To think that people would look at my sweet boy and NOT want him makes my heart hurt in a way I never thought it could. To think that his life is not worth living as-is just seems so wrong to me. We have our struggles but without them our lives wouldn't be as full or as rich. Without Abram - without UBE2a impacting our lives - we wouldn't know what it's like to truly appreciate the little things. Our lives slowed down, we love harder, my relationship with my husband solidified even more and our child's story inspires people.
UBE2A Deficiency Syndrome comes with its ups and downs but the with the therapy appointments and doctor appointments comes an entirely different family. Our son's therapists become like family - you get to add more people to the long list of folks who love your child and want to see him do well. School becomes more personal because you have someone working with them to help them succeed and when you see other children reaching out to your child in kindness, you remember how good the world is.
I would say to prospective parents who carry the UBE2A Gene: Do not be afraid. Do not look at case studies and decide who your child will be based on a list of things that may or may not happen. Look instead at the actual lives these children live - with families who adore them and people whose lives they touch because they are the kindest souls you'll ever meet. With award winning grins, these boys will change your life and your world for the better and with them will come a small tribe of your very own special community who will have your back through thick and thin. Let love win.
So to answer your questions: my son's "distinctive" facial features, his funky hair swirls, (kinda gross) big toe nails, skin abnormalities (oh no, a birthmark on his bum!) and his weight pretty much make him one of the cutest kids I know.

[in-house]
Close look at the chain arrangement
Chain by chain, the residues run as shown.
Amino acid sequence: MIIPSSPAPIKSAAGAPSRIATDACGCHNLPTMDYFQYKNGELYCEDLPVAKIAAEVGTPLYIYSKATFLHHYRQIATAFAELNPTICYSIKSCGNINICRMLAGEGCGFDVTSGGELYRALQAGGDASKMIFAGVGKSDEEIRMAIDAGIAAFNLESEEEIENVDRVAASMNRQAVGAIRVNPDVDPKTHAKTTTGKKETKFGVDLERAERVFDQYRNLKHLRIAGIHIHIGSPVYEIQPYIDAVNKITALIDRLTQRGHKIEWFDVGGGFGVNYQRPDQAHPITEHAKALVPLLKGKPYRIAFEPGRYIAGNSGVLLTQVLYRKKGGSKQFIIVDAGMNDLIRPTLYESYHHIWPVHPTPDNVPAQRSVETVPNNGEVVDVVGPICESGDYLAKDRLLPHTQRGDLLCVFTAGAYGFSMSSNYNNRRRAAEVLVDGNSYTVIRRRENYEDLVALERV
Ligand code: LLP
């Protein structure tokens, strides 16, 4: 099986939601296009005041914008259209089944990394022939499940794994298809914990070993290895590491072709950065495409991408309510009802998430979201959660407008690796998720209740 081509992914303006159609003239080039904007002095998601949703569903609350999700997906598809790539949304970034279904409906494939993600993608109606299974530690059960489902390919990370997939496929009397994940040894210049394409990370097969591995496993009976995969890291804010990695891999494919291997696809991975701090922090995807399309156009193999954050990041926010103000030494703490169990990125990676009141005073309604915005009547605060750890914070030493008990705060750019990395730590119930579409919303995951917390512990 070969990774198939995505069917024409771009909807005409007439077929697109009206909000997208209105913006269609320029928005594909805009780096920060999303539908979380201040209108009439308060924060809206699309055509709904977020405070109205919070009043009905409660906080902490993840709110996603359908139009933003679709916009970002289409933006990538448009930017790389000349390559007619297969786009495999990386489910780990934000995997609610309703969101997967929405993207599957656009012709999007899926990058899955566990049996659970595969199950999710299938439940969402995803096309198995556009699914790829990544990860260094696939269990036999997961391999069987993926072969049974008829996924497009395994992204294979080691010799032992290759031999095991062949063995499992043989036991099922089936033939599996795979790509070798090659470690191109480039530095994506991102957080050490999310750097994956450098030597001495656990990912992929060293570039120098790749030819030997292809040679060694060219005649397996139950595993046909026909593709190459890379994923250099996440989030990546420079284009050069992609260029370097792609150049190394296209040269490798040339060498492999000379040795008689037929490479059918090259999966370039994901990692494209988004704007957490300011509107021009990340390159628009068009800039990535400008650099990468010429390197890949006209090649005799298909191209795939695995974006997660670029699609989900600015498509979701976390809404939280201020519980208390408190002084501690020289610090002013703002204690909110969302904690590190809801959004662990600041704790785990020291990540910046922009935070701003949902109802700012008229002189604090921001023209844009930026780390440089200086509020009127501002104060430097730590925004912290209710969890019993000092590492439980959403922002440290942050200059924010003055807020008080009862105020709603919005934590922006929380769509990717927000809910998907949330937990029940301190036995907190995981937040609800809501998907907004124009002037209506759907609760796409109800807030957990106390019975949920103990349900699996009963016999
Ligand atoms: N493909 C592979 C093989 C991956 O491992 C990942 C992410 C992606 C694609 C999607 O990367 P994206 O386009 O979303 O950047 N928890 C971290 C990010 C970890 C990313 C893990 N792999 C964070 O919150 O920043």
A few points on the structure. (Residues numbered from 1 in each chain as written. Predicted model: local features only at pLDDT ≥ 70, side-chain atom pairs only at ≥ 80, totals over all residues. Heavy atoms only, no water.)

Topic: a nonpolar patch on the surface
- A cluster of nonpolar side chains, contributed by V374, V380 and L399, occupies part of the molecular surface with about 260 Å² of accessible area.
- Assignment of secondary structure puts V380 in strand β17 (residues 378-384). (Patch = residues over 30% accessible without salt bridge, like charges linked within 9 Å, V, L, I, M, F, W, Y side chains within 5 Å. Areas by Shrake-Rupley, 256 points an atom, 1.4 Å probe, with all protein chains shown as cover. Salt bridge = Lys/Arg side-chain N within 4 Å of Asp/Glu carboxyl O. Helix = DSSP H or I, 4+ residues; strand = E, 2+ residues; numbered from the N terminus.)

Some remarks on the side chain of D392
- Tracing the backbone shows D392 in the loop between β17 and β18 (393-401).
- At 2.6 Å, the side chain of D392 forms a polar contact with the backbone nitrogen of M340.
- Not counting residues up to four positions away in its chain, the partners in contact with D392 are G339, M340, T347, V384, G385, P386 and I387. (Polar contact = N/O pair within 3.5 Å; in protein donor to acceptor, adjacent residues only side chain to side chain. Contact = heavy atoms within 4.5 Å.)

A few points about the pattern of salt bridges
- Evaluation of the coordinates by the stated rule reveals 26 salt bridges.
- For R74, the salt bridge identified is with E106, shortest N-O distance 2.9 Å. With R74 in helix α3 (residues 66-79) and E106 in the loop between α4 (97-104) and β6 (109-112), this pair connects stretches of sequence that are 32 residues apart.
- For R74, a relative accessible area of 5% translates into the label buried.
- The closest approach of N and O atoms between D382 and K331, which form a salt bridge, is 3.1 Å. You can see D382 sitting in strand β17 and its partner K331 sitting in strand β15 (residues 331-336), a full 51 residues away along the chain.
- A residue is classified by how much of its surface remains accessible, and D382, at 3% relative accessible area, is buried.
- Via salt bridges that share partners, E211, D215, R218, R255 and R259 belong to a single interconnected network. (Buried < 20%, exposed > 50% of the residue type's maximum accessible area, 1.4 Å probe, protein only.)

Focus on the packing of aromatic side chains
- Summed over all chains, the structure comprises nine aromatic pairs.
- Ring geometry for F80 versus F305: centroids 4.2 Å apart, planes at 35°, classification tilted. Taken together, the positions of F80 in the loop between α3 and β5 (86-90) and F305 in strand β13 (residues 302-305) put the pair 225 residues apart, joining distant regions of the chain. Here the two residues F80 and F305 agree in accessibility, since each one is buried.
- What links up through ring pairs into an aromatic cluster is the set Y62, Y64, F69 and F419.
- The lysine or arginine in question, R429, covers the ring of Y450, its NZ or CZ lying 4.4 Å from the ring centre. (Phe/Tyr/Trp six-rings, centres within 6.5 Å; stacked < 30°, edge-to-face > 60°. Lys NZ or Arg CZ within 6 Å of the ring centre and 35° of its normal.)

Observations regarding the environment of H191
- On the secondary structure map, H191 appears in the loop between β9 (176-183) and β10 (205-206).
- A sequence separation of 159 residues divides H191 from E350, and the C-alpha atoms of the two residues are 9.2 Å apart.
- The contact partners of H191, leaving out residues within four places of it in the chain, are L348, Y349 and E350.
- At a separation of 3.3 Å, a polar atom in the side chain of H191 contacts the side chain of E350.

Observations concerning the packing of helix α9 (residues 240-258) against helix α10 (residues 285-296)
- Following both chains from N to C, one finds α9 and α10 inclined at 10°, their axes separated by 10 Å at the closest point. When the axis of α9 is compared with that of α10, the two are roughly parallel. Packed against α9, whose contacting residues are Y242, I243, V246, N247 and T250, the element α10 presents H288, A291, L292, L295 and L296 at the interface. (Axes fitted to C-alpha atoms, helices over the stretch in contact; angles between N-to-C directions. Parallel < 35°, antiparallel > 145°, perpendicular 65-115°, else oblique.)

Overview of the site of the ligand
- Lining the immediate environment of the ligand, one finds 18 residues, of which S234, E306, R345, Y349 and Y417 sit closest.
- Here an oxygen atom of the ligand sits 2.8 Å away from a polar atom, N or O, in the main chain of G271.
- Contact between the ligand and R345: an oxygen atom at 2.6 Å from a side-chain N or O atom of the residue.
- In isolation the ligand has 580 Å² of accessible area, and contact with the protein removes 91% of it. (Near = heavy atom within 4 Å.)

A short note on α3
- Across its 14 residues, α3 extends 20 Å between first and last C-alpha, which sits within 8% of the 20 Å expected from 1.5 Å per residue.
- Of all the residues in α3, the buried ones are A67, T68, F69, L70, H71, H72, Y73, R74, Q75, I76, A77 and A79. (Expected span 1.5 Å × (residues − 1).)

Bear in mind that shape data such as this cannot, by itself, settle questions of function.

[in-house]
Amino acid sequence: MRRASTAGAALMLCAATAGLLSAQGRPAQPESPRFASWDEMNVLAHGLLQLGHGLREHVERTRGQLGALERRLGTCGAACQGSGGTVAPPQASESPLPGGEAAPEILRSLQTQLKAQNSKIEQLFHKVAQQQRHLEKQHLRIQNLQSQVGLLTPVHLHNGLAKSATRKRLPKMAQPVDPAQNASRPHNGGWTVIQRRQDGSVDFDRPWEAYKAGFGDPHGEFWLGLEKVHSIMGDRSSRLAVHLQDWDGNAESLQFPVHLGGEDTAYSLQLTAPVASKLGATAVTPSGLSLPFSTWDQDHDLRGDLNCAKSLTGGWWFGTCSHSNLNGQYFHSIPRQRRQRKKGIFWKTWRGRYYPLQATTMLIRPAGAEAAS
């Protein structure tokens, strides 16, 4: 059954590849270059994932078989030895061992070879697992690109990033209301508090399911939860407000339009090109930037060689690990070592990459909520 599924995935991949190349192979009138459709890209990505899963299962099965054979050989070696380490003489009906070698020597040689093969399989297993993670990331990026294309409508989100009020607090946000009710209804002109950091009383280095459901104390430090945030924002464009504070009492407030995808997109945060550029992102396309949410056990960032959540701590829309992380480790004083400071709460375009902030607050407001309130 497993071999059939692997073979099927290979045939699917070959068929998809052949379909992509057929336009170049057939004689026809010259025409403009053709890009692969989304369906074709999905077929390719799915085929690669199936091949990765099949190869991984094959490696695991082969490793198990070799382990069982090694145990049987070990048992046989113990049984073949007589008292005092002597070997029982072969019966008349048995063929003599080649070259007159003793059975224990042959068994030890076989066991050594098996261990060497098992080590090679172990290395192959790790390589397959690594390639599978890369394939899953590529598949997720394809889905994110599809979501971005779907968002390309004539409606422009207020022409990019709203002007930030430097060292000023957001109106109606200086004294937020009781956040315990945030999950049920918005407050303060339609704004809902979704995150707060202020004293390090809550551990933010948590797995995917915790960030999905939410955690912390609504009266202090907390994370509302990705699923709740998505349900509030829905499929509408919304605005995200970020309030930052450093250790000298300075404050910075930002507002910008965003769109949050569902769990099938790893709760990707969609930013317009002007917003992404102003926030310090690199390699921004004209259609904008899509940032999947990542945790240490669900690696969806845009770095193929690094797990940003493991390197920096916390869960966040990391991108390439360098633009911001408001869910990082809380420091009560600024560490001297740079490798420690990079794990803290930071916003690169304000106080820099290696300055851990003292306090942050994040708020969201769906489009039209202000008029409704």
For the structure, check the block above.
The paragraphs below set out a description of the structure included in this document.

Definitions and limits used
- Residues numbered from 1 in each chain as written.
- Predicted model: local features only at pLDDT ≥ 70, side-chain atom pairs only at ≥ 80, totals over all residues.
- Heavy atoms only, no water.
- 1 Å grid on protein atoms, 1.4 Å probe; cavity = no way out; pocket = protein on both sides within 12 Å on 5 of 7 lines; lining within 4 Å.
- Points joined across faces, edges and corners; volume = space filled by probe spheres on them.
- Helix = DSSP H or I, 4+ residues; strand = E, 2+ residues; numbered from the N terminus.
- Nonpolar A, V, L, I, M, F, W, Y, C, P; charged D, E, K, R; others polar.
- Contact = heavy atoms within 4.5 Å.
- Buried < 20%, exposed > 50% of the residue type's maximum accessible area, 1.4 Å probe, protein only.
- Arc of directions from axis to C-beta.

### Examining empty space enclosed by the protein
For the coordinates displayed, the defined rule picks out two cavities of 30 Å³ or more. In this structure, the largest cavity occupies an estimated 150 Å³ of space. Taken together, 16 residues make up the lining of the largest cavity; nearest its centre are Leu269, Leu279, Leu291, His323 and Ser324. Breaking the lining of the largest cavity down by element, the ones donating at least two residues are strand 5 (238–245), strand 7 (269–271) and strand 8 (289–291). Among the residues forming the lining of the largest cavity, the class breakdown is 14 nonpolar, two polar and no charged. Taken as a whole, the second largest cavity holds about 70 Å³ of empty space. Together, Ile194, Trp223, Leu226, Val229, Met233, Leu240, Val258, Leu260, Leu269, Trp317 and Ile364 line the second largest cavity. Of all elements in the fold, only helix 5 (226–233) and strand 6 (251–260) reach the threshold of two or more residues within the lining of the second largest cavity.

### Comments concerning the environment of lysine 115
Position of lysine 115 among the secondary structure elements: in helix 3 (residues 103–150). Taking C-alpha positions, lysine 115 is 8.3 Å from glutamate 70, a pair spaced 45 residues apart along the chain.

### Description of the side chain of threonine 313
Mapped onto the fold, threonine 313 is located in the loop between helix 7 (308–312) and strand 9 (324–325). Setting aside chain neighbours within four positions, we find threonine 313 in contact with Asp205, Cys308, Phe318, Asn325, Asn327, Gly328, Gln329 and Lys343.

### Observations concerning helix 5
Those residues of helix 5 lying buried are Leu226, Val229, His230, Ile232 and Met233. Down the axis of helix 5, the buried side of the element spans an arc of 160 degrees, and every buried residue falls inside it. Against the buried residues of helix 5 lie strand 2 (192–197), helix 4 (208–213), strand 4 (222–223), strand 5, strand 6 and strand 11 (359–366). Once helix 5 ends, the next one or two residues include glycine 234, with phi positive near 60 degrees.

The rest of the things you mentioned (seizures, behavior issues, digestive problems) are things ANY child could have: 1 in 26 people have epilepsy, in my state of Iowa, 66.3% of ALL kids between the ages of 2-12 have behavior issues and digestive issues are extremely common - 60-70 million according to the NIH. Please realize that I'm not in the least bit minimizing these issues. Epilepsy has definitely impacted our life immensely but to NOT have a child with UBE2A because it *might* happen is difficult to bear when epilepsy in general is not uncommon!
Life is imperfect and filled with chance encounters that may or may not impact the journey you had expected to be on. Having a child with UBE2A Deficiency Syndrome has changed me as a person. It has made me a better human being and it has taught me the true meaning of empathy, compassion and kindness. It has taught me to see joy in the little things and to savor each milestone and everything that our son CAN do. We celebrate each milestone as a BIG VICTORY and we took the things we were told he wouldn't do and turned them into the things he IS doing. Diagnoses do not define a person's worth.
I would choose my son a million times over. Abram is smart, clever, charming and funny. He loves hugs, he thinks kitties are hilarious, he's a little gentleman pulling out chairs for ladies at the dinner table and he opens doors for strangers. He waves hello to everyone he meets, he adores babies and he exudes kindness. My son's life is worth living as-is and I wouldn't change it for the world. UBE2A is nothing but love.